Van Gogh, Picasso, Dali on online sale

New Delhi:Works by Vincent van Gogh, Pablo Picasso, Marc Chagall, Salvador Dali and Henry Moore, all top selling international artists, figure in the first western art sale by India`s biggest online auction house, Saffronart.

Vincent van Gogh`s "Lane With Two Figures" a landscape painting done by the Dutch artist in 1885, five years before he died leads in the first ever auction of Impressionist and modern western art in India that feature a total of 73 works by 35 artists.

Priced between Rs 4 crores and Rs 5 crores, the van Gogh oil on canvas masterpiece laid down on panel and sourced from a private collection is the highlight of the auction which is estimated to rake in sales between Rs14.8 crore (USD 3.3 million) to Rs19.8 crore (USD4.2 million). The auction is scheduled to be conducted online at the Saffronart portal on February 15-16, 2012 with previews at the auction house`s galleries in New Delhi and Mumbai and final sales happening in New York.

"Over the past 10 years there has been a growing awareness of the international art market among art collectors in India. The recent art fair here has been so impressive with western galleries like Hauser & Wirth participating for the first time. Indians have been travelling more and looking at art outside," says art expert Sophie Camu who is a consultant for the upcoming auction. Currently, says Camu there are only very few Indian collectors who own a Picasso or a Rodin, with a bulk of Indians focussing on collecting Indian artists.

At the just concluded India art fair there was strong sales of Indian and international contemporary art with price range of individual works of art ranging from Rs 55,000 to over Rs 60 lakh with a strong presence of galleries from around the world showcasing global artists.

Artists featured in the auction are from the period 1860-1970 featuring the Impressionist movements from the 19th century and later art movements like surrealism, fauvism and pop art. While the impressionists used vivid colours, thick application of paint, distinctive brush strokes, and real-life subject matter. One work by the grand masters of Impressionism, Camile Pissarro has been estimated between Rs 1 crore and Rs 1.4 crore at the auction.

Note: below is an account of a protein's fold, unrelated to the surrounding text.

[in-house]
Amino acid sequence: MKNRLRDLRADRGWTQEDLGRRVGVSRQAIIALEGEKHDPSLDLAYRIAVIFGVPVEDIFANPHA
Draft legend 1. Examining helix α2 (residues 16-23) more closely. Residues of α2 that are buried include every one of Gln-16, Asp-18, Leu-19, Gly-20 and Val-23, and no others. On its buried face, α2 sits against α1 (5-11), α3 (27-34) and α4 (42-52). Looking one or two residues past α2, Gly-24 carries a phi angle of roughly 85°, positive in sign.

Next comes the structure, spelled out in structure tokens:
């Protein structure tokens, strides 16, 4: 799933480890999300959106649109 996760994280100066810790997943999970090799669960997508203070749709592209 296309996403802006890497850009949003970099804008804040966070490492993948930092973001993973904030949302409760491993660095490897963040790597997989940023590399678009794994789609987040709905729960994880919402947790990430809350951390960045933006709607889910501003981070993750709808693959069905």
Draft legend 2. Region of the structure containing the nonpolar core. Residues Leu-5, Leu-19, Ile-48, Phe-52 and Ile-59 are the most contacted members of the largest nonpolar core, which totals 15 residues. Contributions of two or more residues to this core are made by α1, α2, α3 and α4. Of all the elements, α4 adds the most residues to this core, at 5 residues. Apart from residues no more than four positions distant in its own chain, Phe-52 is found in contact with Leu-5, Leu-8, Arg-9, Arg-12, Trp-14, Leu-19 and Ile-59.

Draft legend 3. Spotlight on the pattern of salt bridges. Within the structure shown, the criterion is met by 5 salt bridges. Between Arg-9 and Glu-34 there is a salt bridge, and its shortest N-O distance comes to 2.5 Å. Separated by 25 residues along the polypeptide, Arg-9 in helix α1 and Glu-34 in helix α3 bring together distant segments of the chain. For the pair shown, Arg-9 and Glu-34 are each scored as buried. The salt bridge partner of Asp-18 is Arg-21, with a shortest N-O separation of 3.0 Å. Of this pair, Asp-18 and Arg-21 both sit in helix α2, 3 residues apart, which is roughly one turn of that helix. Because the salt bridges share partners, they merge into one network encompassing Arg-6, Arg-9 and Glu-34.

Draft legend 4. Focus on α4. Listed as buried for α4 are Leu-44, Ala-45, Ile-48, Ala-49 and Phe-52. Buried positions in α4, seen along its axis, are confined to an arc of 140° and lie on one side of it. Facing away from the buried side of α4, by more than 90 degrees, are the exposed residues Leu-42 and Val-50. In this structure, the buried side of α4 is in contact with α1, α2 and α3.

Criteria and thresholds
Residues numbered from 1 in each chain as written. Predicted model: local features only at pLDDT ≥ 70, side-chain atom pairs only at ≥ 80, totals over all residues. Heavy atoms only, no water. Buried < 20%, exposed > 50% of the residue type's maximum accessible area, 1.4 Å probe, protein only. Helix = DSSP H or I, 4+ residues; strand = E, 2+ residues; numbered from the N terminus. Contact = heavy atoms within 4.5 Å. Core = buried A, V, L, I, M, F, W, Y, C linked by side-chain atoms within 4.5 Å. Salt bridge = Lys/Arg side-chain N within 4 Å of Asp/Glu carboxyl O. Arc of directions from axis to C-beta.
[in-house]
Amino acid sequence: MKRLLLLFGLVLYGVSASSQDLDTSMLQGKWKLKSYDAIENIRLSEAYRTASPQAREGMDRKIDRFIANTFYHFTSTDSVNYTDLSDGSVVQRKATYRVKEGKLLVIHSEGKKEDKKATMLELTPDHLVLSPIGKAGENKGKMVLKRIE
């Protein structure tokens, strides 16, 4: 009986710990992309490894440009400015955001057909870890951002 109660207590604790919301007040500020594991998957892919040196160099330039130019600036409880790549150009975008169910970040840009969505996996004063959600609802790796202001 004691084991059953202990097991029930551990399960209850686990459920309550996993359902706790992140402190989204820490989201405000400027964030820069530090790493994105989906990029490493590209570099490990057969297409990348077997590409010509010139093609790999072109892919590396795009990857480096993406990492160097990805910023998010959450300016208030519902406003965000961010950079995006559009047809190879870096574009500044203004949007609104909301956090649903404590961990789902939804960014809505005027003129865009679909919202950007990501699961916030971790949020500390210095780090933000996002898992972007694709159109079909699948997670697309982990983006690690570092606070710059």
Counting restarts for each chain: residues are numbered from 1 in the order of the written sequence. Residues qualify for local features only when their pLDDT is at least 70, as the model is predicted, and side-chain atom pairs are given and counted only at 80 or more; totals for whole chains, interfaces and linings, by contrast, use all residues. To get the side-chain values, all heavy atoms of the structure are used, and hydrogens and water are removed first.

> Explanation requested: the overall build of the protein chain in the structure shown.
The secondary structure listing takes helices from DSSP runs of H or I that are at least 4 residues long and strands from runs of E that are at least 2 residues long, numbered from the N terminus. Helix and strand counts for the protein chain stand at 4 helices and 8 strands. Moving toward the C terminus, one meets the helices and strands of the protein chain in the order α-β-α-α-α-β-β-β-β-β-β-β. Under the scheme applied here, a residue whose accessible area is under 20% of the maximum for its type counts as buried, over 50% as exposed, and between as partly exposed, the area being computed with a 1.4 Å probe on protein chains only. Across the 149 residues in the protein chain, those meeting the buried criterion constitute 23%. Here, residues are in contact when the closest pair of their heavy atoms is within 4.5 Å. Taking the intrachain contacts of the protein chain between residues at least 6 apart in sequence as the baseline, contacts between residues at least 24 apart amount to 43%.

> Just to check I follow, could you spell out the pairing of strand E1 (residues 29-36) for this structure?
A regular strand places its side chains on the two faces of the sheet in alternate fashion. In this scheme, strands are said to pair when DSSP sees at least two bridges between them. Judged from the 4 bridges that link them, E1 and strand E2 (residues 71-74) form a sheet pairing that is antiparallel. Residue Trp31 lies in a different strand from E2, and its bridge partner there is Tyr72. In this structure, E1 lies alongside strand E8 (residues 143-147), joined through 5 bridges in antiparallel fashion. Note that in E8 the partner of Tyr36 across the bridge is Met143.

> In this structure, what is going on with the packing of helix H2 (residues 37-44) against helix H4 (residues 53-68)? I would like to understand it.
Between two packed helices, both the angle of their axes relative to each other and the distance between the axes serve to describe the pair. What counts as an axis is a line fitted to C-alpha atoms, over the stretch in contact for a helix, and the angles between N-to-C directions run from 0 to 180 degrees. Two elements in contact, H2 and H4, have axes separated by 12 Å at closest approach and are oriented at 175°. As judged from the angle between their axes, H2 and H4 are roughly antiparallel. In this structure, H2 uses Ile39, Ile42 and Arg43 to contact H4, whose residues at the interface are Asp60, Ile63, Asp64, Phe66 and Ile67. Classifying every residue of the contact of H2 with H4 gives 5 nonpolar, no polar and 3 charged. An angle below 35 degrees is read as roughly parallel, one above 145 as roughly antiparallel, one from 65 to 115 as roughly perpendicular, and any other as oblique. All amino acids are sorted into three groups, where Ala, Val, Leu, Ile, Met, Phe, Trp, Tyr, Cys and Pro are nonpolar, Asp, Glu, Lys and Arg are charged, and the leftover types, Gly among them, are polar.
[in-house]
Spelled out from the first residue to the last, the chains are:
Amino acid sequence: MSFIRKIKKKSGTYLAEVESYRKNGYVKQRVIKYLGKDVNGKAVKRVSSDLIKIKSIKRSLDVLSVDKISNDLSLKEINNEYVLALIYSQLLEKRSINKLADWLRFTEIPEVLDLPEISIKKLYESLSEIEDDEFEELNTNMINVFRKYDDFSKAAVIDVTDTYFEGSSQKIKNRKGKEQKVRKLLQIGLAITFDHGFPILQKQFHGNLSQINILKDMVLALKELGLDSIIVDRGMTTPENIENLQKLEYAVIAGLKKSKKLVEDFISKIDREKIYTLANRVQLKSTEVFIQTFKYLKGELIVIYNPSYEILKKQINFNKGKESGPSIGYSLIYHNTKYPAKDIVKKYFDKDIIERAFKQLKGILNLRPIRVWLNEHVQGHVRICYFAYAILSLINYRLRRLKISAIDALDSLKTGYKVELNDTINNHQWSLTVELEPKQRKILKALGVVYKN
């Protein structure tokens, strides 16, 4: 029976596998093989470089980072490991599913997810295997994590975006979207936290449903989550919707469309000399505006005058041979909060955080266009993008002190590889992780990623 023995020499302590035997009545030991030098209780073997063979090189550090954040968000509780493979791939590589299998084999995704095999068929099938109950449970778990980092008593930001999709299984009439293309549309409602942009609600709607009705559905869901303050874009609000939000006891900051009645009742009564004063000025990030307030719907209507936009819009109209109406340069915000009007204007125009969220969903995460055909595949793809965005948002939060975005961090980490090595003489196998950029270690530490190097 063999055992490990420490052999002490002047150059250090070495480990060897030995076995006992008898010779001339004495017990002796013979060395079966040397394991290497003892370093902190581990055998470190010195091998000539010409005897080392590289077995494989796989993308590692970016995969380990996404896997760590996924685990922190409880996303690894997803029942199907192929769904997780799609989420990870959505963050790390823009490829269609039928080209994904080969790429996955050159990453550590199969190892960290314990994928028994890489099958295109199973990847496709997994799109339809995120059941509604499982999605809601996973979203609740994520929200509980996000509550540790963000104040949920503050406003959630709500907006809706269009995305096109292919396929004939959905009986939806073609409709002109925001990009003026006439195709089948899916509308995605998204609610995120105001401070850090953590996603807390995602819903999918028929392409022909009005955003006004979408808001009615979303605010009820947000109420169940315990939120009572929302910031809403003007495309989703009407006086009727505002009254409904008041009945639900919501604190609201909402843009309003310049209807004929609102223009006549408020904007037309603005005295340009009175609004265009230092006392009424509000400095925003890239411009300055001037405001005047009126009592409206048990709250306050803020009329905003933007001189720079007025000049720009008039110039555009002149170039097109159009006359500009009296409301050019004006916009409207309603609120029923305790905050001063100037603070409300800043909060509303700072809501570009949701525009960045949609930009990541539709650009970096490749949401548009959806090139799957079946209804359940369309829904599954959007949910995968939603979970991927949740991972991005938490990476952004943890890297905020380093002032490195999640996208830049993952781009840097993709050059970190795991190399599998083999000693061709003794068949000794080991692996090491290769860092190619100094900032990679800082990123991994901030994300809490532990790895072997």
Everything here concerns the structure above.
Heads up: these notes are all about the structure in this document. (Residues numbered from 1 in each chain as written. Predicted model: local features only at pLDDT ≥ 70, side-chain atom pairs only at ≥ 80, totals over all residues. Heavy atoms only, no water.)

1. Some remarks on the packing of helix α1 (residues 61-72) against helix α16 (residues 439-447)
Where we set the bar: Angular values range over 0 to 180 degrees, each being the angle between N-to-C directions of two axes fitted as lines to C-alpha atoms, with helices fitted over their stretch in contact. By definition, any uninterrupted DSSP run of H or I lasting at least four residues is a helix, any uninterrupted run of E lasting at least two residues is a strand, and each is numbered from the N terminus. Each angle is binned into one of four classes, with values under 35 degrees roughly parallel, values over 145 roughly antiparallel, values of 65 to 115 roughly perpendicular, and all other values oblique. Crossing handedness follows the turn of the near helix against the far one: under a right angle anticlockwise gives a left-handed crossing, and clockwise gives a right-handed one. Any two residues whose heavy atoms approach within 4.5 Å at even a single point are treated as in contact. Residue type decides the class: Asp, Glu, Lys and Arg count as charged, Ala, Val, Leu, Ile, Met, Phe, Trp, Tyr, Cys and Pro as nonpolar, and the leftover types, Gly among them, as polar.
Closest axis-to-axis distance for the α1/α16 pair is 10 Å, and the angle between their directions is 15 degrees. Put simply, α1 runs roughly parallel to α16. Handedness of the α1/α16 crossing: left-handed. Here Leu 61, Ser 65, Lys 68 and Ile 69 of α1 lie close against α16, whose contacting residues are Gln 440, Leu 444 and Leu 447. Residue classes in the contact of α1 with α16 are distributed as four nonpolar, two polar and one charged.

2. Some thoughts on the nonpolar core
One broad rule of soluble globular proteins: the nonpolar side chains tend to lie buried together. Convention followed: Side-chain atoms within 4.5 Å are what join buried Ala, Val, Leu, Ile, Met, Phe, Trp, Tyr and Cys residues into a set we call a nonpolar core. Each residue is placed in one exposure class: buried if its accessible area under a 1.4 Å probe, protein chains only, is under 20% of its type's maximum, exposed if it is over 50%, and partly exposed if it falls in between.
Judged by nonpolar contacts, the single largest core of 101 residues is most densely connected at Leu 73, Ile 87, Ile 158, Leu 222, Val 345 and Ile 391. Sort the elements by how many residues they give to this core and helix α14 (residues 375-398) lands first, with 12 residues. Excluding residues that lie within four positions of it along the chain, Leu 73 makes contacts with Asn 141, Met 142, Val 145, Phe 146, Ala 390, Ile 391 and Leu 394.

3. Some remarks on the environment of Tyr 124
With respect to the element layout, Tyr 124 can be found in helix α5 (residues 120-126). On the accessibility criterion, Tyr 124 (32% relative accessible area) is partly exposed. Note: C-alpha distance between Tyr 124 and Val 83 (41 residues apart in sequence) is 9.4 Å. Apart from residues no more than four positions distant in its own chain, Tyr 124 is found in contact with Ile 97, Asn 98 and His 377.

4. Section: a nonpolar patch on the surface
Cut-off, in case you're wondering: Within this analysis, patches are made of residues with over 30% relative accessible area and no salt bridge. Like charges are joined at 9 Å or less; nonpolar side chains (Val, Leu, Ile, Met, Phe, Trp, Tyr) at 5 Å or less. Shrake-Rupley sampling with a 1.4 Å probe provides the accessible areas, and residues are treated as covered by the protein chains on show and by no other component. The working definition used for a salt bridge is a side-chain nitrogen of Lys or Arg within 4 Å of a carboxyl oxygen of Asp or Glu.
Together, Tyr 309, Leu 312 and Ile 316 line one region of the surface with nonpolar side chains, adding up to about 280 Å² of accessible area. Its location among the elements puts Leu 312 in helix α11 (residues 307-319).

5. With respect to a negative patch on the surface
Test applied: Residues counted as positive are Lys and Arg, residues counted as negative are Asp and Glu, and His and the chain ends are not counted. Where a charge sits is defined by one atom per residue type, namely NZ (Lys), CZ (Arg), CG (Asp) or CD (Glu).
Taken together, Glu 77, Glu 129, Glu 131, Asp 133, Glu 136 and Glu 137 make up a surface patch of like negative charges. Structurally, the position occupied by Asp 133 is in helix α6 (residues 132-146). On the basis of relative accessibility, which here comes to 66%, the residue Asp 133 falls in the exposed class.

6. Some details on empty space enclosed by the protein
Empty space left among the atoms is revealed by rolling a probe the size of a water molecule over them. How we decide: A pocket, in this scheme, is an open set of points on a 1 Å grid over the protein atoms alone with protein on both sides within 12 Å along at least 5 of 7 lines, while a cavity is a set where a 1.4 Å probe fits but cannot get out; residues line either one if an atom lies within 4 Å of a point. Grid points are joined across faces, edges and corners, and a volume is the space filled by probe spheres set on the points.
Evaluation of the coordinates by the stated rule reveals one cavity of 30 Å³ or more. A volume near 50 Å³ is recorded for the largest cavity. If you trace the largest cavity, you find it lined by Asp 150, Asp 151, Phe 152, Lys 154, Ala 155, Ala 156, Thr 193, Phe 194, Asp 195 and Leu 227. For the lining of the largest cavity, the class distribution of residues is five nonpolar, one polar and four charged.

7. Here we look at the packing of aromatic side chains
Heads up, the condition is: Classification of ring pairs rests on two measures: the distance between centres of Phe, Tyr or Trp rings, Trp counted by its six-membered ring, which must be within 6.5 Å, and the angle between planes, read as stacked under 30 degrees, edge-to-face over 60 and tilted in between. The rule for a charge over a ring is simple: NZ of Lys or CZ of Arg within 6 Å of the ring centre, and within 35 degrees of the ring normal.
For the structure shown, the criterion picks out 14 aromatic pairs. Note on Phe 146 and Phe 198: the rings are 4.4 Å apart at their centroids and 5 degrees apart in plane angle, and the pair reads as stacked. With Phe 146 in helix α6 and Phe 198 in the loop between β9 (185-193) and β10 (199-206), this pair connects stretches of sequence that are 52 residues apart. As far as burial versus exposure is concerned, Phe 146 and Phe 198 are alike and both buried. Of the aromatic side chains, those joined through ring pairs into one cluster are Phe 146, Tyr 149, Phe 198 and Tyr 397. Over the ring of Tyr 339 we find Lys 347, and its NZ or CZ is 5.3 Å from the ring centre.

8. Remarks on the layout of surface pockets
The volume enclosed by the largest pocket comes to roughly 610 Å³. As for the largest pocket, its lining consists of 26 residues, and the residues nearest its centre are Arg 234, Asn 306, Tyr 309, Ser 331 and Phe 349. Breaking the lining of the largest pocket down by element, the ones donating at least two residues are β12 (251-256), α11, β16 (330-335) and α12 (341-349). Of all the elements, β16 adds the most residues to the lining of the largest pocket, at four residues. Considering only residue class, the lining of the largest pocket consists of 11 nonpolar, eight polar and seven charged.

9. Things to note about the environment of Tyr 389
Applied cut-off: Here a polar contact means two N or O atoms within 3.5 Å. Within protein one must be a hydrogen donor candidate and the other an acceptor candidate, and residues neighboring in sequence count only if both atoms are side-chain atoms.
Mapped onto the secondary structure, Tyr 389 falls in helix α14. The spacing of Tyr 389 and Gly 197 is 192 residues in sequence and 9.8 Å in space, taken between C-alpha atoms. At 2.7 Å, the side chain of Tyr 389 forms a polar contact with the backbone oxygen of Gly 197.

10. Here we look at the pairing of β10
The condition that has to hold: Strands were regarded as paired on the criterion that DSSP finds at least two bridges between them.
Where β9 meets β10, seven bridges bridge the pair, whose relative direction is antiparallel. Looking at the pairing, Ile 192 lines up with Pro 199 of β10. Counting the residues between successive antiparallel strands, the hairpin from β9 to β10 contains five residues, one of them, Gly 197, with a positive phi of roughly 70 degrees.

The provenance of the oil on canvas "The Edge on Wood" signed and dated 1867 by the artist has been listed in the catalogue as Galerie Romanet in Paris and acquired by a private collection in Switzerland prior to 1960.

"We have seen an evolving interest by Indian collectors in western art in the last four to five years so decided to hold auction of western art. Indian collectors also seem to prefer names that they are familiar with. We feel it is an early trend and are optimistic about it," says Nish Bhutani COO, Saffronart. The auction house founded in 2000 has been focussing on modern and indian contemporary art works till now.

The upcoming auction includes several works by Pablo Picasso, including an oil painting titled Le Transformateur of 1953 and estimated at Rs 2 crore- Rs 2.25 crore.  By the late 1940s, Picasso`s fame was widespread and he was the confirmed master of western art. He moved to the small town of Vallauris in the south of France and a time of success, contentment and stability in his family life set in.

He continued to paint and draw obsessively, depicting his wife and children but also the lush surroundings and houses near his villa. A selection of 6 ceramics by Picasso is also featured in the sale.

Marc Chagall, celebrated as one of the greatest painters of the 20th century features in the auction with a very large and watercolour called "Stairway to Heaven" estimated at Rs 1.4 crore to Rs 1.75 crore executed when the artist was 92 years old. It features some of Chagall`s most iconic symbols, including the artist lying before his easel while figures float above him.

Conor Macklin, director Grosvenor Gallery in London and a specialist in western and Indian art for the past 12 years says, " There is a tremendous reach of saffronart and wouldn`t be surprised if Indian collectors who haven`t bee targeted by London or New York based galleries respond to the current auction."

Macklin points out that the upcoming auction of international art in Indian market is a "fantastic introduction." "It will give collectors a wider range of choice if they want to start an art collection with Picasso or some well known western artist and then maybe later move on Indian artists like Raza or Souza if they want to," says Macklin. The Saffronart sale will also have on offer works by two of the most recognised sculptors, Henry Moore, and Lynn Chadwick.

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